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Fish consumption and coronary heart disease mortality

Bandolier 49 reported that eating fish once a week reduces the risk of sudden cardiac death by half. This paper takes this line of research one step further and examines different types of fish in association with death from coronary heart disease.


Eating a small amount of oily fish (around 4oz a week) reduces risk of death from coronary heart disease by 34%.


C Oomen et al. Fish consumption and coronary heart disease mortality in Finland, Italy and the Netherlands. American Journal of Epidemiology 2000 151: 999-1006.


Participants were 1,088 Finnish, 1,097 Italian and 553 Dutch men from the Seven Countries Study, aged between 50-69 years and free of coronary heart disease at the start of the study. Dietary information on the previous 6-12 month period was collected using the cross-check dietary history method. Information obtained by interviews on food consumption was compared with that obtained from questionnaires.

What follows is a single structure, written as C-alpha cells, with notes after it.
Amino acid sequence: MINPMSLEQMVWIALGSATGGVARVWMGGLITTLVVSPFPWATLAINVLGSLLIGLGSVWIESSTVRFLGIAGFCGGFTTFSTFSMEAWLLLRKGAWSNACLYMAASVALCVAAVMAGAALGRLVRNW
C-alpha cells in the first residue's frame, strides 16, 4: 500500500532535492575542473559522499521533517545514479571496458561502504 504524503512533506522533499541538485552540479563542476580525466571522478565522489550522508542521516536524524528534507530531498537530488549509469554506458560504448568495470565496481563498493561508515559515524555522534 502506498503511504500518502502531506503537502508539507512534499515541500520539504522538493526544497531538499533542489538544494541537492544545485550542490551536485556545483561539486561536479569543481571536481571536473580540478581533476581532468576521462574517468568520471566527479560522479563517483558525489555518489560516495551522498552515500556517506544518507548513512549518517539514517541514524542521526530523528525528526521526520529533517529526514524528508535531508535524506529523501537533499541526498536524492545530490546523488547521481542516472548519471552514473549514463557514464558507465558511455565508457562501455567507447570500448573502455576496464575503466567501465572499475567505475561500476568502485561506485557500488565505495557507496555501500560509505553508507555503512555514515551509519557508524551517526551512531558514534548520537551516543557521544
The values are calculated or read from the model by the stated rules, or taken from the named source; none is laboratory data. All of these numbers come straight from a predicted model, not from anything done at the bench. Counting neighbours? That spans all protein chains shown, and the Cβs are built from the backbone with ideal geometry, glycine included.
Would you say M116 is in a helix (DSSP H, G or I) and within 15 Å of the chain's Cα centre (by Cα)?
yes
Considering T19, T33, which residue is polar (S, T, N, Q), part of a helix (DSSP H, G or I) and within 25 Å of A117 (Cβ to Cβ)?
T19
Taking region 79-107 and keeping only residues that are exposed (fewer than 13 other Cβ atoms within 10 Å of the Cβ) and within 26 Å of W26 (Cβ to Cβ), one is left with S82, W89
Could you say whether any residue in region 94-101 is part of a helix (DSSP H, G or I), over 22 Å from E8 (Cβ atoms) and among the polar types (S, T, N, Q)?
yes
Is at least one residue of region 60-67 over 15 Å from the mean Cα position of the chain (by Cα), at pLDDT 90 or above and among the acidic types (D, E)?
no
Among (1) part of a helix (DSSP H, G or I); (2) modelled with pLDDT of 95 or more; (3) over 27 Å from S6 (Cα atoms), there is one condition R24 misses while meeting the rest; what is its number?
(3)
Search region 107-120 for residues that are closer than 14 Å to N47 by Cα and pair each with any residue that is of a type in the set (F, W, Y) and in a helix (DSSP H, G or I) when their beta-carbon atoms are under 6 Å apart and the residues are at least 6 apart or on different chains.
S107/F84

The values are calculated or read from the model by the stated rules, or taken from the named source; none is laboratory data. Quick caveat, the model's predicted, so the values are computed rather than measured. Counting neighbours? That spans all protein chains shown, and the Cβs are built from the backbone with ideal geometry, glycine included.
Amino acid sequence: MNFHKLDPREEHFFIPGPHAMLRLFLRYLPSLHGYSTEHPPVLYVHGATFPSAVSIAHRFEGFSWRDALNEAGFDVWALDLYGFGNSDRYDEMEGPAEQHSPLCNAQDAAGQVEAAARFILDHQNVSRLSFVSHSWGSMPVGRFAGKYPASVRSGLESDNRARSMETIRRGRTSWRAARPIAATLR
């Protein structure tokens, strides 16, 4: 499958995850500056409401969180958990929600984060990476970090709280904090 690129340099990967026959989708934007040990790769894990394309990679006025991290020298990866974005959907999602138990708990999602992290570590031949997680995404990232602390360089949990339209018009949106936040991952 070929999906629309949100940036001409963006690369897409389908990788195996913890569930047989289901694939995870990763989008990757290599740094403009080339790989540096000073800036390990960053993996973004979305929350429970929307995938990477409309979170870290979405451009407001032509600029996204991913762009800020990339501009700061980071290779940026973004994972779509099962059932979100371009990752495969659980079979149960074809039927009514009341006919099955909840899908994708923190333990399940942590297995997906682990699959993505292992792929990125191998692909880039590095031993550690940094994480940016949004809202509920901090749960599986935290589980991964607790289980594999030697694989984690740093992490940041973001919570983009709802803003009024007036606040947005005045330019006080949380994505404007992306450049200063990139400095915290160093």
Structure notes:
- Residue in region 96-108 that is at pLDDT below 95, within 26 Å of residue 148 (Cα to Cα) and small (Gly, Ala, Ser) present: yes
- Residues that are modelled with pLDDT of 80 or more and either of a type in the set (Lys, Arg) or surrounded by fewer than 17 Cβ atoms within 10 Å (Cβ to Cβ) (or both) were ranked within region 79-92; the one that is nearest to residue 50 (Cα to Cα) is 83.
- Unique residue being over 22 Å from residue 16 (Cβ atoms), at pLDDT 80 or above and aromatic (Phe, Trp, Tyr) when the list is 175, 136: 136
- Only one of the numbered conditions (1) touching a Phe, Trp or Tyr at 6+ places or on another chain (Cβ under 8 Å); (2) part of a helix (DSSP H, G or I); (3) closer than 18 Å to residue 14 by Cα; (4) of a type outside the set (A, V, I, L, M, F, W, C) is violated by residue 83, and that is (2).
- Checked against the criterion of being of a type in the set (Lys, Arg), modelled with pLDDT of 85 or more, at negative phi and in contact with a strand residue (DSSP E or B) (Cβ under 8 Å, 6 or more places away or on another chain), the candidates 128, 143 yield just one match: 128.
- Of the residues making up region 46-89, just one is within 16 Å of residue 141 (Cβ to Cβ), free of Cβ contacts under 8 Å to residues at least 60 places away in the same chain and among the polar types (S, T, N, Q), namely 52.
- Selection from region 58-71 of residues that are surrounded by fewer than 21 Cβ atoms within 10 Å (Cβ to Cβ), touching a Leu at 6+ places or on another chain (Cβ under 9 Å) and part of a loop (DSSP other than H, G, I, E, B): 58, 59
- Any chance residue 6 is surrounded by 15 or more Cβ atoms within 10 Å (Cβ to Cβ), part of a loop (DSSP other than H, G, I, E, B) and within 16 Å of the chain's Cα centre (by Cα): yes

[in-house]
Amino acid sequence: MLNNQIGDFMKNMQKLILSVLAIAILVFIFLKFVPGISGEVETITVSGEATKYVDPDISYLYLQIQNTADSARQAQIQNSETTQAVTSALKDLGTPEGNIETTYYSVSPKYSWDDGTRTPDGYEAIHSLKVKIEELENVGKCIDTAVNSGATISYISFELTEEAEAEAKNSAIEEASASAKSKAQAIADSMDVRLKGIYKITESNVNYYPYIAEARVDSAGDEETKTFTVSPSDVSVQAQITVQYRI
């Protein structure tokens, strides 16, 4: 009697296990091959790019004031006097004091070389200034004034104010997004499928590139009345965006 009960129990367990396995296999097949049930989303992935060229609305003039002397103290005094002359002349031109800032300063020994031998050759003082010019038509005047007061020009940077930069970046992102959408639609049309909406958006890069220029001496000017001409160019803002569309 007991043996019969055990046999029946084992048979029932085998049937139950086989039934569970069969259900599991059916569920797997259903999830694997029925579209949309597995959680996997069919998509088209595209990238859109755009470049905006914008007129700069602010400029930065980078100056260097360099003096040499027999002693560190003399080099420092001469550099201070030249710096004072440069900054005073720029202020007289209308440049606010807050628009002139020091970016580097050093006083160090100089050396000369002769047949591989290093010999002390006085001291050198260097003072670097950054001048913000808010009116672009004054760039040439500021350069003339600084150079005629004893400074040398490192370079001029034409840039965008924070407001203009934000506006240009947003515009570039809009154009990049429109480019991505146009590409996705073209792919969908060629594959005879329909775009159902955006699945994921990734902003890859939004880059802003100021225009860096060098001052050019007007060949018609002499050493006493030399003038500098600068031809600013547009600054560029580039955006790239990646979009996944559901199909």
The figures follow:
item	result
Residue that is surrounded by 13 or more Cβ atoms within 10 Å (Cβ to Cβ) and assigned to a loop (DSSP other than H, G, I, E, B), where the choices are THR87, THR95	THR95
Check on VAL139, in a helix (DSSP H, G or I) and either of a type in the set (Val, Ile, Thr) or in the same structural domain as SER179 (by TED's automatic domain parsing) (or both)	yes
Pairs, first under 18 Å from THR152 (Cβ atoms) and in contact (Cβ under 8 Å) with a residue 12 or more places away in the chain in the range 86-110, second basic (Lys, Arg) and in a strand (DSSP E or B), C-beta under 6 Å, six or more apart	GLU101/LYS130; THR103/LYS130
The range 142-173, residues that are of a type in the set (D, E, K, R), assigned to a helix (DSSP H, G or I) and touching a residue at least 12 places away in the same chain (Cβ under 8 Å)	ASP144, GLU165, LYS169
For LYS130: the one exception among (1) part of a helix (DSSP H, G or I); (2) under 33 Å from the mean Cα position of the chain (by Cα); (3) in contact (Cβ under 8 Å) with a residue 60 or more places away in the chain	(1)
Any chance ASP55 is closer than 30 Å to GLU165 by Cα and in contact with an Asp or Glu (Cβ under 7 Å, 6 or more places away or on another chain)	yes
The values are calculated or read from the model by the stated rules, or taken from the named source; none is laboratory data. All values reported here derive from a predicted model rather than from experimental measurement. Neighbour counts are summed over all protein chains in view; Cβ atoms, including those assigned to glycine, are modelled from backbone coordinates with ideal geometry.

Consumption was calculated for:

Canned fish was not included.


During 20 years of follow-up (1970-1990) 463 men died of coronary heart disease. There was no association between total or lean fish consumption and coronary heart disease mortality.

Oily fish consumption was associated with a 34% reduced risk of coronary heart disease mortality compared with no oily fish consumption (relative risk 0.66, 95% confidence interval 0.49 to 0.90). The average intake was 17 g/day. The results were adjusted for age, body mass index, smoking, intake of energy, fruit, vegetables, alcohol, meat, butter and margarine.


The authors suggest that the protective effect of oily fish may be due to n-3 polyunsaturated fatty acids. Consumption of 15 g/day of lean fish equates to about 50 mg of n-3 fatty acids; in contrast, 15 g/day of oily fish provides about 400mg of n-3 fatty acids.